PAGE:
World Scholars Cup

This year, a couple of Y12 students, Yulia, Matthew and I, have re-started the Debate Club at our school for our Major CAS project. The club was originally founded by Mrs. Okada, a teacher who had left our school three years ago. The club was primarily focused on debating skills, but also trained us for a debate competition in April known as the World Scholars Cup. Calling it a debate competition is quite misleading, as the competition also includes other activities such as an essay and a multiple-choice test containing 120 questions, along with three rounds of debate. Thus, after three years, we once again set out to the World Scholars Cup.

On day one, the first activity was team debates. We had two teams, one team comprising of Yi Qian and Emily from Year 7, and Dylan from Year 9. The other team was Julia and Tasha from Year 7, and Percival from Year 8. Both teams managed to win 2 debates out of three, a good result considering that this was their first time competing. In the afternoon however, was the essay and multiple-choice test. While generally less fun than the debates, these parts of the competition help make the students consider a wider range of ideas. This time, the theme was ‘An Entangled World’, and asked students to think about issues such as ‘The Science of Memory’ and ‘The History of Diplomacy’. This allows the competition to be both a fun experience while allowing students to learn new knowledge and broaden their perspectives.

On day 2 was the Scholars Bowl, where all the teams sit in the auditorium, and use a clicker to answer the questions on the screen. It also is multiple choice, but the atmosphere is more fun, and is more intense as teams race against the clock to decide on what answer to choose. Ultimately, the day ended with the Awards Ceremony. Dylan won third place overall in the competition, while Tasha, Percival and Julia also won various medals for their outstanding performance. Lastly, both teams managed to pass the Shanghai Regional Round of the World Scholars Cup, and thus qualified to attend the Global Rounds of the WSC, which occurs on June 18-23 in Kuala Lumpur, Malaysia.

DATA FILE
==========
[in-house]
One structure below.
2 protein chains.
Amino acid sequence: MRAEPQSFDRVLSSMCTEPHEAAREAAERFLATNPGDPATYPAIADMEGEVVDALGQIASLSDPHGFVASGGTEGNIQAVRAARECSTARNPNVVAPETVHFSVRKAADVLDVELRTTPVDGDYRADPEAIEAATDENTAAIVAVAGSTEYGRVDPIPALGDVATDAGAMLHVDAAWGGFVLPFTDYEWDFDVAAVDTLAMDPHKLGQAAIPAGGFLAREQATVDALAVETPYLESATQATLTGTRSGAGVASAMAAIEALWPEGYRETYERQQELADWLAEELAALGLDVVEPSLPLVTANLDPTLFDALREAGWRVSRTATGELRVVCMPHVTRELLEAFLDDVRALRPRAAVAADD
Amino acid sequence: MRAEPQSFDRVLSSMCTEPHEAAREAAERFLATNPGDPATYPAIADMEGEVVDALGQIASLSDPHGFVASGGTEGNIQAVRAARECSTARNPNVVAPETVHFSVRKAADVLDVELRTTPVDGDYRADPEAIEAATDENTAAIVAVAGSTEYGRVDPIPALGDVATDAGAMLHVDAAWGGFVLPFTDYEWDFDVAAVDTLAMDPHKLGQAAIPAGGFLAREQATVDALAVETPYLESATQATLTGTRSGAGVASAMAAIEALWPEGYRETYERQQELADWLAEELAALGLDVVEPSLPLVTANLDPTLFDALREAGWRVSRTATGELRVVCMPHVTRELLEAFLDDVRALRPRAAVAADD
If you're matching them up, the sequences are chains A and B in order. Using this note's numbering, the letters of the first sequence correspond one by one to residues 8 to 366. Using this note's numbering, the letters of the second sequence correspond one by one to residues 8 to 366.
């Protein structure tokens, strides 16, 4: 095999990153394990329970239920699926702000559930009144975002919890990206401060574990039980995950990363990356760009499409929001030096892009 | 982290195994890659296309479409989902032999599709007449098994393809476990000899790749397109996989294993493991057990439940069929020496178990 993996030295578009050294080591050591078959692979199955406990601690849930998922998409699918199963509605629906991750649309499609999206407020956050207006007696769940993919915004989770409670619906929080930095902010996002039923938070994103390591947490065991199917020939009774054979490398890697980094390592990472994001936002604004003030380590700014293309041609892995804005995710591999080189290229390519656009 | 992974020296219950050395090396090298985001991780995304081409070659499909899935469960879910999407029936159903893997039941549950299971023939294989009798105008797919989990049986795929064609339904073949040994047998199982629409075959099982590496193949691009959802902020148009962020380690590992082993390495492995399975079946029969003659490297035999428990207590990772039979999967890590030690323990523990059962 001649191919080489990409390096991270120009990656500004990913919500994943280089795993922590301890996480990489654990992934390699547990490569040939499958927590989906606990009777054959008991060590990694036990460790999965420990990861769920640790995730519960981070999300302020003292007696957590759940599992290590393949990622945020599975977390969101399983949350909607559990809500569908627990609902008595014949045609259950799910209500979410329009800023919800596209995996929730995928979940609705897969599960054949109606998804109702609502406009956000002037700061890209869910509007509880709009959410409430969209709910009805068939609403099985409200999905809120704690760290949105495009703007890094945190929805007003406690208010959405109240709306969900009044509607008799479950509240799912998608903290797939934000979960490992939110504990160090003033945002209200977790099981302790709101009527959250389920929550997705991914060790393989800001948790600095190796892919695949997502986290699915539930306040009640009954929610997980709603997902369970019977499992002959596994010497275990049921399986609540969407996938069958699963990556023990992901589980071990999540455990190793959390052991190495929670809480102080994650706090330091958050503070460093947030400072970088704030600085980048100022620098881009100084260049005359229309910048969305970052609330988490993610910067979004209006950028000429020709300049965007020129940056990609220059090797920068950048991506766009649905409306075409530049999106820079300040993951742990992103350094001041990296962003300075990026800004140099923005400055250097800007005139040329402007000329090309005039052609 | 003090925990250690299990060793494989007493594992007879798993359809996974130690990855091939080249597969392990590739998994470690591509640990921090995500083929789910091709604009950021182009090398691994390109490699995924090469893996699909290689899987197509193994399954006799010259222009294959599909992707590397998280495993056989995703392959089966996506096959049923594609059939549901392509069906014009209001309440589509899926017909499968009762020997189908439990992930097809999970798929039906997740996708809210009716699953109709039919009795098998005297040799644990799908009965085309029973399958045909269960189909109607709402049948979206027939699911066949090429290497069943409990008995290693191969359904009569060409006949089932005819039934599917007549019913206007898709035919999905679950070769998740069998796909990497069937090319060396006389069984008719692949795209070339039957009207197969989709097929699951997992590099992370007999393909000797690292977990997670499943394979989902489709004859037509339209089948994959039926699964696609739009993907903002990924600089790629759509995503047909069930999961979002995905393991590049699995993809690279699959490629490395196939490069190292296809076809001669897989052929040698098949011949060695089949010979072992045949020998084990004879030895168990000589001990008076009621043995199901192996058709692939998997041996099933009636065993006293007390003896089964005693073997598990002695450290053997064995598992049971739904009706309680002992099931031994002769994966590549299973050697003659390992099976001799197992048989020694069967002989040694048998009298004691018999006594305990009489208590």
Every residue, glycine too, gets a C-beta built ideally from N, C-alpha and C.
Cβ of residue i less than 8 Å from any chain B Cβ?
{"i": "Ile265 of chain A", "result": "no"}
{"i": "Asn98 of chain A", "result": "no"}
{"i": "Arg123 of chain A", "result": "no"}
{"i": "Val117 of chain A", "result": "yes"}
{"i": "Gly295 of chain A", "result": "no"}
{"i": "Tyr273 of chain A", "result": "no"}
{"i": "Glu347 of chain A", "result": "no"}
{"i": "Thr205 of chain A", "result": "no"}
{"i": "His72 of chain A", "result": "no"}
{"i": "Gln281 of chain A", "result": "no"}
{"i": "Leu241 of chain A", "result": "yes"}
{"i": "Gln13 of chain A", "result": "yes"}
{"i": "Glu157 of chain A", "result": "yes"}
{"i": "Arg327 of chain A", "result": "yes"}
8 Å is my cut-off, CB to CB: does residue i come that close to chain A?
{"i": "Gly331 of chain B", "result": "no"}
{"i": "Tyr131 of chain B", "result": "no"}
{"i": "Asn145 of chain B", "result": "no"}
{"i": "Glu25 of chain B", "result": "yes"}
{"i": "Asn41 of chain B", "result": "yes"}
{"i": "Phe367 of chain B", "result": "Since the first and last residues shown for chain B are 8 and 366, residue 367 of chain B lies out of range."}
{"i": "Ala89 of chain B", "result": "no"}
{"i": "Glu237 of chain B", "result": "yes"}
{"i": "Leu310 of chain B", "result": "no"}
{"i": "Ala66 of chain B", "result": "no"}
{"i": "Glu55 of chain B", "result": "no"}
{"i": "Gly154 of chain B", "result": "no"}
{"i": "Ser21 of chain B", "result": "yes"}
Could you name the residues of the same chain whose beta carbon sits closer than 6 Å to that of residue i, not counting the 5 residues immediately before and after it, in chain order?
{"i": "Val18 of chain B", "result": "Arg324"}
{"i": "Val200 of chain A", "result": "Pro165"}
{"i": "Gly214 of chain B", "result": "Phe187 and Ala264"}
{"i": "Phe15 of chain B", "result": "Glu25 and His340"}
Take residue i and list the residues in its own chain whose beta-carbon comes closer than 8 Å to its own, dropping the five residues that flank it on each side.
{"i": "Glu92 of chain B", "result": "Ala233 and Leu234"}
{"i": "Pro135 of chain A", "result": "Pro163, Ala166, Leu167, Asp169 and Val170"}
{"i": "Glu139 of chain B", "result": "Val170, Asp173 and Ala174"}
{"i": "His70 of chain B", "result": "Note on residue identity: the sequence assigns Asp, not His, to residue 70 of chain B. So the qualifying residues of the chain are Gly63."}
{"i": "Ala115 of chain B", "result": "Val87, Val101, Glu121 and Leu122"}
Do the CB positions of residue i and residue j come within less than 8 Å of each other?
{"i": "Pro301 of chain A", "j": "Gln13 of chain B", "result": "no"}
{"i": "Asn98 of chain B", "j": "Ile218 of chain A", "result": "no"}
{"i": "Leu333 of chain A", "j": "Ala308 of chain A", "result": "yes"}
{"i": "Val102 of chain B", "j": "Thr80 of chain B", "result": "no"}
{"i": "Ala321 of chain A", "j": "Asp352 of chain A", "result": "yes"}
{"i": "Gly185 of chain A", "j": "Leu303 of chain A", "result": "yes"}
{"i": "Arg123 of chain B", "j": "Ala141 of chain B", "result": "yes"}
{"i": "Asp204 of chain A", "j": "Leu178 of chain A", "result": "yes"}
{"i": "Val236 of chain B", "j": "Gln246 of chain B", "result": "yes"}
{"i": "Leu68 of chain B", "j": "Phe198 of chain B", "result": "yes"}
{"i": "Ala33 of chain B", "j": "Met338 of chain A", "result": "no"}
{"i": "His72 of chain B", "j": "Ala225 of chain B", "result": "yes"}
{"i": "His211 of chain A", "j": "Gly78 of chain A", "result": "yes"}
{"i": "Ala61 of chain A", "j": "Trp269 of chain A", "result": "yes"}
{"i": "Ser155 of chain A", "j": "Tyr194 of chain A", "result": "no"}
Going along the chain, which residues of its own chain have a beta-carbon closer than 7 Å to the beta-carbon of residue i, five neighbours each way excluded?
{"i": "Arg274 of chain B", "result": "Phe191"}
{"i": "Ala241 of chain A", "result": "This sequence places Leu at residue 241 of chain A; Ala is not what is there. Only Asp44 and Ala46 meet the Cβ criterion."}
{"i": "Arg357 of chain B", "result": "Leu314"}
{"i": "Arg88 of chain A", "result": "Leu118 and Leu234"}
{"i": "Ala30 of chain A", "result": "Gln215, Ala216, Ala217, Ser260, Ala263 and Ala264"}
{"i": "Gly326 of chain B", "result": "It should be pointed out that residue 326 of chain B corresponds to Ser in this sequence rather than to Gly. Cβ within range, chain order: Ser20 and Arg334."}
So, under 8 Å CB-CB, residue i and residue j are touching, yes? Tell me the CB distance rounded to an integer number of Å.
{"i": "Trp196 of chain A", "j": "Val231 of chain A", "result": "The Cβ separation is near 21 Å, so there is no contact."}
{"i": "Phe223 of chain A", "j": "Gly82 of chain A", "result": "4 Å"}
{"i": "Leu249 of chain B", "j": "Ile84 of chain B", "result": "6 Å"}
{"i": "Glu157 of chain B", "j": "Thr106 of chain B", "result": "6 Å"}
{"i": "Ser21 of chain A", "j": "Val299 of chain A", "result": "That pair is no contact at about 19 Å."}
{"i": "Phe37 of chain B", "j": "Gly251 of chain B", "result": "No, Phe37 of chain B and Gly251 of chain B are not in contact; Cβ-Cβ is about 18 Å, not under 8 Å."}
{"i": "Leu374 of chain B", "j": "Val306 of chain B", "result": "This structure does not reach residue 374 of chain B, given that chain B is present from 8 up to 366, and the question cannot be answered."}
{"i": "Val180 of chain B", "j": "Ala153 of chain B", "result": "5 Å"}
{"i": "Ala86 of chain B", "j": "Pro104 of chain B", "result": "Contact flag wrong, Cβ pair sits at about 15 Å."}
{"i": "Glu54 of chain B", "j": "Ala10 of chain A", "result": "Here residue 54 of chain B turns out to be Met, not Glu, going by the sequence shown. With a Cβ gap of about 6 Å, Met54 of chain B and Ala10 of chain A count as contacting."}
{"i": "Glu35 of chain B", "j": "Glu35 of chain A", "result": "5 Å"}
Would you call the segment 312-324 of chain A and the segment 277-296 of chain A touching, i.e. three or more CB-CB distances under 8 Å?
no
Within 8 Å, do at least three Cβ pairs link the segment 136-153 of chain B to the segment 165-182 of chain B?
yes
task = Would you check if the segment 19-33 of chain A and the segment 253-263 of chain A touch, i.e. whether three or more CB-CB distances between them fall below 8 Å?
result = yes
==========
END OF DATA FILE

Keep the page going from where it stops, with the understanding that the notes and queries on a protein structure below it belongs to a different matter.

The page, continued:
Speaking on the behalf of my friends and fellow supervisors, I would just like to say that we are very proud of your amazing performance in the WSC. Having done the competition myself, I can attest that it can be quite challenging, and yet you all passed with flying colors. I hope to see you all attend the global rounds, and continue to succeed there.

Anthony Foo – Y12C


The Boys ACAMIS Football competition ended in heartbreak for the D1 team at Dulwich College Shanghai. As with all ACAMIS core sports, the tournament starts with six teams playing each other in a round robin tournament before playing semi-finals on the final Saturday.

Yew Chung started very strongly with the biggest result of the competition, a 9-1 win over the Australian International School, Hong Kong. This result showed how strong YCIS were going forward and particularly strong performances from Jin Hyuk Seo (5 goal) and Captain Tom Park (3 goals) gave the other teams a real concern. We also performed well in our second game against Dulwich College Beijing although with their numerous Year 13 students, DCB managed to sneak a win with two late goals. On the Friday, we new that a win against rivals Suzhou would all but guarantee our progression into the semi-finals. Suzhou has twice the number of students than YCIS and we hadn’t beaten them in 4 years but the team felt confident and after a terrific performance, we beat them 3-2. Vince Yonesu and Sean Xu were superb in defense and our young midfield players, Kaiyo Namai and Cho Kit Forest Yuen were superb along with our goalkeeping star Junyong Lee (Garfield) and of course Pedro Bothelho Trufem Braga. Corentin Bonnifait was also very assured on the ball in defence and it was a true complete performance from the young team. A very unlucky 1-0 loss to hosts Dulwich College Shanghai (DCS) and a classy win against International School Tianjin guaranteed us joint second place and a semi-final against DCS on the Saturday.